Now, this is a topic that tends to overwhelm many beginning software developers because it can feel like there is so much to know, and it can be difficult to even know where to start.
I can just about guarantee that, even if you are a beginner, if you can write good, clean, concise, and understandable code that expresses its meaning in the structure itself, just about any interviewer who sees your code is going to assume you are an experienced professional.
And to some degree you will be, or at least on the path to be, because you’ll be treating this career as a profession, not just a job: a sign of a true craftsman.
I’m a big supporter of helping software developers develop “soft skills” in addition to their technical skills—in fact, I wrote a complete book about it—but there is no denying: technical skills are important.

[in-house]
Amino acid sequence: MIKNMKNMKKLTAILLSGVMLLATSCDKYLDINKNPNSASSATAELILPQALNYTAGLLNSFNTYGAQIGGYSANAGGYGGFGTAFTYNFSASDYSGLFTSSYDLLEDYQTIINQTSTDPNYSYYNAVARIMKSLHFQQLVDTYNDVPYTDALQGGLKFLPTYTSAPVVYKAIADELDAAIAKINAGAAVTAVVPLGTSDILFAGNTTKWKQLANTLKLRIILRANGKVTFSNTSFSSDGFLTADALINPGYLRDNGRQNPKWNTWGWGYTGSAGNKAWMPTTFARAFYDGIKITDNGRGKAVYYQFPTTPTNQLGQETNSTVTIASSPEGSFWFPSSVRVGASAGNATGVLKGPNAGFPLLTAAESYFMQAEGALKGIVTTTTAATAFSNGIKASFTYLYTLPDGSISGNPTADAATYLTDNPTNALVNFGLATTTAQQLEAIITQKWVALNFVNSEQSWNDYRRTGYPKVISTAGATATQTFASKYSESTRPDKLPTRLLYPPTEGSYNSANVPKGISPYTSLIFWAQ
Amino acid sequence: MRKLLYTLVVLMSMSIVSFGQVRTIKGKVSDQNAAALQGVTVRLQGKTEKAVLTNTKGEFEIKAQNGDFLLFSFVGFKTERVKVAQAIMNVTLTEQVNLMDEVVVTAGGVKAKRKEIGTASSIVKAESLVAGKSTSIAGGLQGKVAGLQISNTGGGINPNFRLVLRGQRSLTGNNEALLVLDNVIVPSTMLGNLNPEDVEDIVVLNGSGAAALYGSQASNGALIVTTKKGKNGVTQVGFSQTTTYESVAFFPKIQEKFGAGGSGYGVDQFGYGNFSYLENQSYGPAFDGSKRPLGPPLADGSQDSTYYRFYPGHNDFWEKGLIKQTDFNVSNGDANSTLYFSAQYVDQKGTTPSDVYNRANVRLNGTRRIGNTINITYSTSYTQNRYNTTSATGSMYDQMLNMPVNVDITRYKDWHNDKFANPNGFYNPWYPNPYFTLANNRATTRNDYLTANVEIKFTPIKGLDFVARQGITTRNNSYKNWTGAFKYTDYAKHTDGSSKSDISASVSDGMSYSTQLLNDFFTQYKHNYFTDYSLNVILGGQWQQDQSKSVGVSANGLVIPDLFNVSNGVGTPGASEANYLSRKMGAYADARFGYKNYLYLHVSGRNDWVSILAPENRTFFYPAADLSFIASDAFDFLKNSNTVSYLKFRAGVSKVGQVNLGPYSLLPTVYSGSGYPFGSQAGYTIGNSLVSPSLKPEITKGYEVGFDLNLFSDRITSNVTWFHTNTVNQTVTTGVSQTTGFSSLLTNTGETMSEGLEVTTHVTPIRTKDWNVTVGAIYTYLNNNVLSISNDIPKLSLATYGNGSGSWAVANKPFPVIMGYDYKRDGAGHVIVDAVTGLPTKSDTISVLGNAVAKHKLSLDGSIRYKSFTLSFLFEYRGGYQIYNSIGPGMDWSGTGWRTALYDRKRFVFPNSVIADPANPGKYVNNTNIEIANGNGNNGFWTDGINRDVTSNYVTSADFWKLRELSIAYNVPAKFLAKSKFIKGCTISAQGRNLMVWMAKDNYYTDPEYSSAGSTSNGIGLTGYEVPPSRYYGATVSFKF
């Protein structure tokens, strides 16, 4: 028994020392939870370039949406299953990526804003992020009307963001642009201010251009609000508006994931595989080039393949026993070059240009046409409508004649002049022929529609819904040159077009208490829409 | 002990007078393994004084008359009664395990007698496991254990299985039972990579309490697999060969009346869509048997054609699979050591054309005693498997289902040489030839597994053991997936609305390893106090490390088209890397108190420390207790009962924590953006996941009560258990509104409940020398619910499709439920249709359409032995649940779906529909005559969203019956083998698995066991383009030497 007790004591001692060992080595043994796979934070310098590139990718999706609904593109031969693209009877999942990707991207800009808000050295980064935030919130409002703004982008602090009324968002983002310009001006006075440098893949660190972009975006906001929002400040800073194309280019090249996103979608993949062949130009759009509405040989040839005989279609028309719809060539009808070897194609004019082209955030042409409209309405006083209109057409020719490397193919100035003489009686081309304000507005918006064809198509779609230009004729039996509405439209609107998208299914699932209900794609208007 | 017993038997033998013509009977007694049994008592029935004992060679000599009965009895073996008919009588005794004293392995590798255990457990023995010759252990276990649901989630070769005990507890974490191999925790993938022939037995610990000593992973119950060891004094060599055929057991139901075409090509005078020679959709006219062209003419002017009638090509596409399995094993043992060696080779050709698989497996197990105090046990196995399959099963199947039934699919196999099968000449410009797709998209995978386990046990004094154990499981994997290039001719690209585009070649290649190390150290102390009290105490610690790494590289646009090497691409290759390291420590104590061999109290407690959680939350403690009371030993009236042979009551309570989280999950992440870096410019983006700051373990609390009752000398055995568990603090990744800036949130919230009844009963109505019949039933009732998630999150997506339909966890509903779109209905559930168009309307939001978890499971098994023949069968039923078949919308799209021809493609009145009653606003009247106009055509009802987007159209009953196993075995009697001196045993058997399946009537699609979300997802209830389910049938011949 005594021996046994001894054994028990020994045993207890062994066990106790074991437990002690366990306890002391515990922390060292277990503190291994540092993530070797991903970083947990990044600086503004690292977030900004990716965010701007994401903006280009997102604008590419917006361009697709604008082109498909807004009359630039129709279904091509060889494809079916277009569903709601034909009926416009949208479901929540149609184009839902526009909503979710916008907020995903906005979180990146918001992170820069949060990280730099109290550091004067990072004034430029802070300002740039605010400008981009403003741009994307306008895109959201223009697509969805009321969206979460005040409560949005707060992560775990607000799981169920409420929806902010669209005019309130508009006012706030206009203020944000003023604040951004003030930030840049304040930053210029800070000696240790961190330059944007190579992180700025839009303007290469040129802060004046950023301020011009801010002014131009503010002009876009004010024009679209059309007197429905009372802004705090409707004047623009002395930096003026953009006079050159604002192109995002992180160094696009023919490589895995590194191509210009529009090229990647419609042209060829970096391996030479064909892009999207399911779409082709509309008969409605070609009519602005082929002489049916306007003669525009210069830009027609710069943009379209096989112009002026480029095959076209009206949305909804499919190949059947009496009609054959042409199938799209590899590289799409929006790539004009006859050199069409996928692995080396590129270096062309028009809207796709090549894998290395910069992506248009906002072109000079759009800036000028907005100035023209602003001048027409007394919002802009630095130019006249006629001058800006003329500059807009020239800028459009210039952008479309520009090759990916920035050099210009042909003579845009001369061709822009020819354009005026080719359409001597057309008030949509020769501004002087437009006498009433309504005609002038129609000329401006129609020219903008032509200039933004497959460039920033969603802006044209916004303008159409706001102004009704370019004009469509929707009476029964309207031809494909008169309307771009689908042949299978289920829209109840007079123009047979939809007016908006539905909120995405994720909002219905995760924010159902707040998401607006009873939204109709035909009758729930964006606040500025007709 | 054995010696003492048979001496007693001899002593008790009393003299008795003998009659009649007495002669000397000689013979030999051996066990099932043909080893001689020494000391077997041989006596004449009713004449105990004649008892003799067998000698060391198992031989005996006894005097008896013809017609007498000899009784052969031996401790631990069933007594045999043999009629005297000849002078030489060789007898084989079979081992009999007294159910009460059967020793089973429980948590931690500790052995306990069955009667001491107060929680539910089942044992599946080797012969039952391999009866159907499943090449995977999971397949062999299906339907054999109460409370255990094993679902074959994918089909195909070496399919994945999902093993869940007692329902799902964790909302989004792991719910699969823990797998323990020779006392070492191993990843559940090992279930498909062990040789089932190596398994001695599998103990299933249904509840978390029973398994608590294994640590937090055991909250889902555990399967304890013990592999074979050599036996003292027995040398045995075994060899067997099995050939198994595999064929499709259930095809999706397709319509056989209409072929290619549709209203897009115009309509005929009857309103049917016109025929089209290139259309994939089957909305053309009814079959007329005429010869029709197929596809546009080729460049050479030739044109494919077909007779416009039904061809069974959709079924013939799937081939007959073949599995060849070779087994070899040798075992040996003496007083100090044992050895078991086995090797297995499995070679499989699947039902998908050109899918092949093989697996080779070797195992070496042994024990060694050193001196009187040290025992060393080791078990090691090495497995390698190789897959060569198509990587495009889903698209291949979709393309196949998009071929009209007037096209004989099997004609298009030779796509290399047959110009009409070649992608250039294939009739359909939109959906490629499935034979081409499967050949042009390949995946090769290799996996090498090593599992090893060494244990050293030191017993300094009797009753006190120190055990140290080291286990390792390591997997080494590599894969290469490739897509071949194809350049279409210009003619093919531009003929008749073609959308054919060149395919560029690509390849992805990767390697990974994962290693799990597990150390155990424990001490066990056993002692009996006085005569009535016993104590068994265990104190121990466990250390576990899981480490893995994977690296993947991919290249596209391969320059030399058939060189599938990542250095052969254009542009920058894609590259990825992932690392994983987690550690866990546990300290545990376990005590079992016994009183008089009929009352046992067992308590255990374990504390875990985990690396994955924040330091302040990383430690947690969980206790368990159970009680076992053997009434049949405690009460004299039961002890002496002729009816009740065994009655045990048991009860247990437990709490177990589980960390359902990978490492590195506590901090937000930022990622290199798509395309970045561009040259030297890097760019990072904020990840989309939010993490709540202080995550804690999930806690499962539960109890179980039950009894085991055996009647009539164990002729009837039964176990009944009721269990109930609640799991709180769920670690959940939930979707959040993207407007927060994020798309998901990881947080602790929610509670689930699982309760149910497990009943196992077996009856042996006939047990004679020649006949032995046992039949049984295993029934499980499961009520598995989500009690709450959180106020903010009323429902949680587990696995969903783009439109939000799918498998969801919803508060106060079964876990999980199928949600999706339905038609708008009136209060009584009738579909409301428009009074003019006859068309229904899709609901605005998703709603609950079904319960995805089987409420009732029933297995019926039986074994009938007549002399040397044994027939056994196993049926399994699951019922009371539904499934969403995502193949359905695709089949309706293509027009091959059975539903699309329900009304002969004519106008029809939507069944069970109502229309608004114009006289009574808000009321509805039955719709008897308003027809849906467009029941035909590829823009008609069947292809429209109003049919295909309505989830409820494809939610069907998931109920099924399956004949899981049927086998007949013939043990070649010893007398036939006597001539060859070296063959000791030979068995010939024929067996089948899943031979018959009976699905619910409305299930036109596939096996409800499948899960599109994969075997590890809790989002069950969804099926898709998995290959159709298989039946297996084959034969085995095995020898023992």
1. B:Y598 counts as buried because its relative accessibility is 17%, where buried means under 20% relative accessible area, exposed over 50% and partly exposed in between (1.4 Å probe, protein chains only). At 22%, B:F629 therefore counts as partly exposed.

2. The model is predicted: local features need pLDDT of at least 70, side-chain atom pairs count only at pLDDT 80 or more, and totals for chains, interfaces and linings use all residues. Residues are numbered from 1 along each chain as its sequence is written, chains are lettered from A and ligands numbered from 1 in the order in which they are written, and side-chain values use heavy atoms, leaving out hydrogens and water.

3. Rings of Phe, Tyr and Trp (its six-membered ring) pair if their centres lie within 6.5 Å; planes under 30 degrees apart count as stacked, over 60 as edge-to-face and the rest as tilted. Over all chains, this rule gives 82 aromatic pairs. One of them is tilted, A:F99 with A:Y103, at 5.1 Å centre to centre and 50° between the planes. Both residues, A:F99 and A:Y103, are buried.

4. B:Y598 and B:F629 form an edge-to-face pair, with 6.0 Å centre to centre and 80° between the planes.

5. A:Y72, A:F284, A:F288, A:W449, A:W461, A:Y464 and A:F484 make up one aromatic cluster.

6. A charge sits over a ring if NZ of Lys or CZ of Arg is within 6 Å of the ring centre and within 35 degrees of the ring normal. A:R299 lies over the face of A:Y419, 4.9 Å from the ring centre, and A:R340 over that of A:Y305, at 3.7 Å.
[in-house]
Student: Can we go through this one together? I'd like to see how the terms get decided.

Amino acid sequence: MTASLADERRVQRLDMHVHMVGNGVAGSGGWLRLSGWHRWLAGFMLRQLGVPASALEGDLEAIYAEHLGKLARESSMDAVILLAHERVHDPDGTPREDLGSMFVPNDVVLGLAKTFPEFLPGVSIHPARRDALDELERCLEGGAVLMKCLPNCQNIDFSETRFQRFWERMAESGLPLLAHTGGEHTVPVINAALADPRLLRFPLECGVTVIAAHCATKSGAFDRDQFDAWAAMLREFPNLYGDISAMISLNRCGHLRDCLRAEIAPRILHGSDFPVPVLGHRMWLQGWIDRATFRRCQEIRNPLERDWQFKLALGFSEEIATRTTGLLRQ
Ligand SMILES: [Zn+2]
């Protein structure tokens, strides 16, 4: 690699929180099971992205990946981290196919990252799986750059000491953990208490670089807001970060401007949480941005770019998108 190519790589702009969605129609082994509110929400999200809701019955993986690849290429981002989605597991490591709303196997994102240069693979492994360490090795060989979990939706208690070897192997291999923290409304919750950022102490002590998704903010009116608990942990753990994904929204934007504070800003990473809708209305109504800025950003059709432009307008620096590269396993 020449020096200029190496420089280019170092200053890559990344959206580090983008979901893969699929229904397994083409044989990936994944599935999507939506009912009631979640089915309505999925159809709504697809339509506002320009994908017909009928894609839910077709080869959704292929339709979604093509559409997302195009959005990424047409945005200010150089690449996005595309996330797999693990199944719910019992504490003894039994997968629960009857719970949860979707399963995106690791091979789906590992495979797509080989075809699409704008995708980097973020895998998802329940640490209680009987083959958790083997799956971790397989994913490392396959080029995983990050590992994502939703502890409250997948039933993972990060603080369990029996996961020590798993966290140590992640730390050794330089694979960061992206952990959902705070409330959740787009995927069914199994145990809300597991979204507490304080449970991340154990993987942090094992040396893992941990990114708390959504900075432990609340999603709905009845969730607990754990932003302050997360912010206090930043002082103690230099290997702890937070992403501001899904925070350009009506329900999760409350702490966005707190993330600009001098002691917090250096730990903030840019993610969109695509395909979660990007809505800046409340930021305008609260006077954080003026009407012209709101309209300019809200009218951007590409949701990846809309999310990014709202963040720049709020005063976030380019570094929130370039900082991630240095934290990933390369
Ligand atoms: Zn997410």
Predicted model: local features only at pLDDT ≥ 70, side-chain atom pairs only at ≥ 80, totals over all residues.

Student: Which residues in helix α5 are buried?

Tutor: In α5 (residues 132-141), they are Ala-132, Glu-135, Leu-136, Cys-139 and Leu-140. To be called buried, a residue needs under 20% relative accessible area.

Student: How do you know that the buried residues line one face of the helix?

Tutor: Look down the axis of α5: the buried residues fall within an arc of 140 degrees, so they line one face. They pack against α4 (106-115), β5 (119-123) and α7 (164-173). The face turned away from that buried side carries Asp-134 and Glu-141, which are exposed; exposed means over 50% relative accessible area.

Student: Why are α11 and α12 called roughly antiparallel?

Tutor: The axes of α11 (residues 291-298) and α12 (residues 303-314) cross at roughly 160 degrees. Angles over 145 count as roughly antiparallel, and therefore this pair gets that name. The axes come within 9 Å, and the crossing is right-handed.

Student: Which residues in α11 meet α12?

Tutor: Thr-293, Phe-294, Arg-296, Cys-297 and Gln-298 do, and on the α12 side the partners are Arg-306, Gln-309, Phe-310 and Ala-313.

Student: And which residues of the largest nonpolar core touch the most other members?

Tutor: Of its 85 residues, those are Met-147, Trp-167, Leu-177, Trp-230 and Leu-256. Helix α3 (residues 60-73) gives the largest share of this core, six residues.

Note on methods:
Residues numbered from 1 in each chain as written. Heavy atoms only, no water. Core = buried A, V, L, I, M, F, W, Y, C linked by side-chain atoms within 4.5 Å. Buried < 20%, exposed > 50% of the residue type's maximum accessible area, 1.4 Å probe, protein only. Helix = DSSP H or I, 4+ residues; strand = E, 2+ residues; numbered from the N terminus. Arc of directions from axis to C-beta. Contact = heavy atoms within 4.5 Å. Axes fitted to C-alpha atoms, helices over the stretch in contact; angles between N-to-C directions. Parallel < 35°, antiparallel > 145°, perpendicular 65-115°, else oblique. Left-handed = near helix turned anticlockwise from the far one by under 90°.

I mean, if you can’t actually write code and develop software, all the soft skills you learn won’t really do you much good.
For example, there are several algorithms that are commonly used for sorting lists of things programmatically.
Each of these sorting algorithms has a different set of properties regarding speed, memory size requirements, and the ideal kind of data it works on.
There are plenty of functional programming languages out there today, but the most popular languages and patterns you’ll find in software development are still heavily, if not completely, influenced by object oriented design and analysis.
You should have a good understanding of what a class is, what the different types of inheritance are—and when to use them—as well as understanding terms like polymorphism and encapsulation.
If you want more information on what it means the effectively structure you're code, I recommend this book: “The Clean Coder”.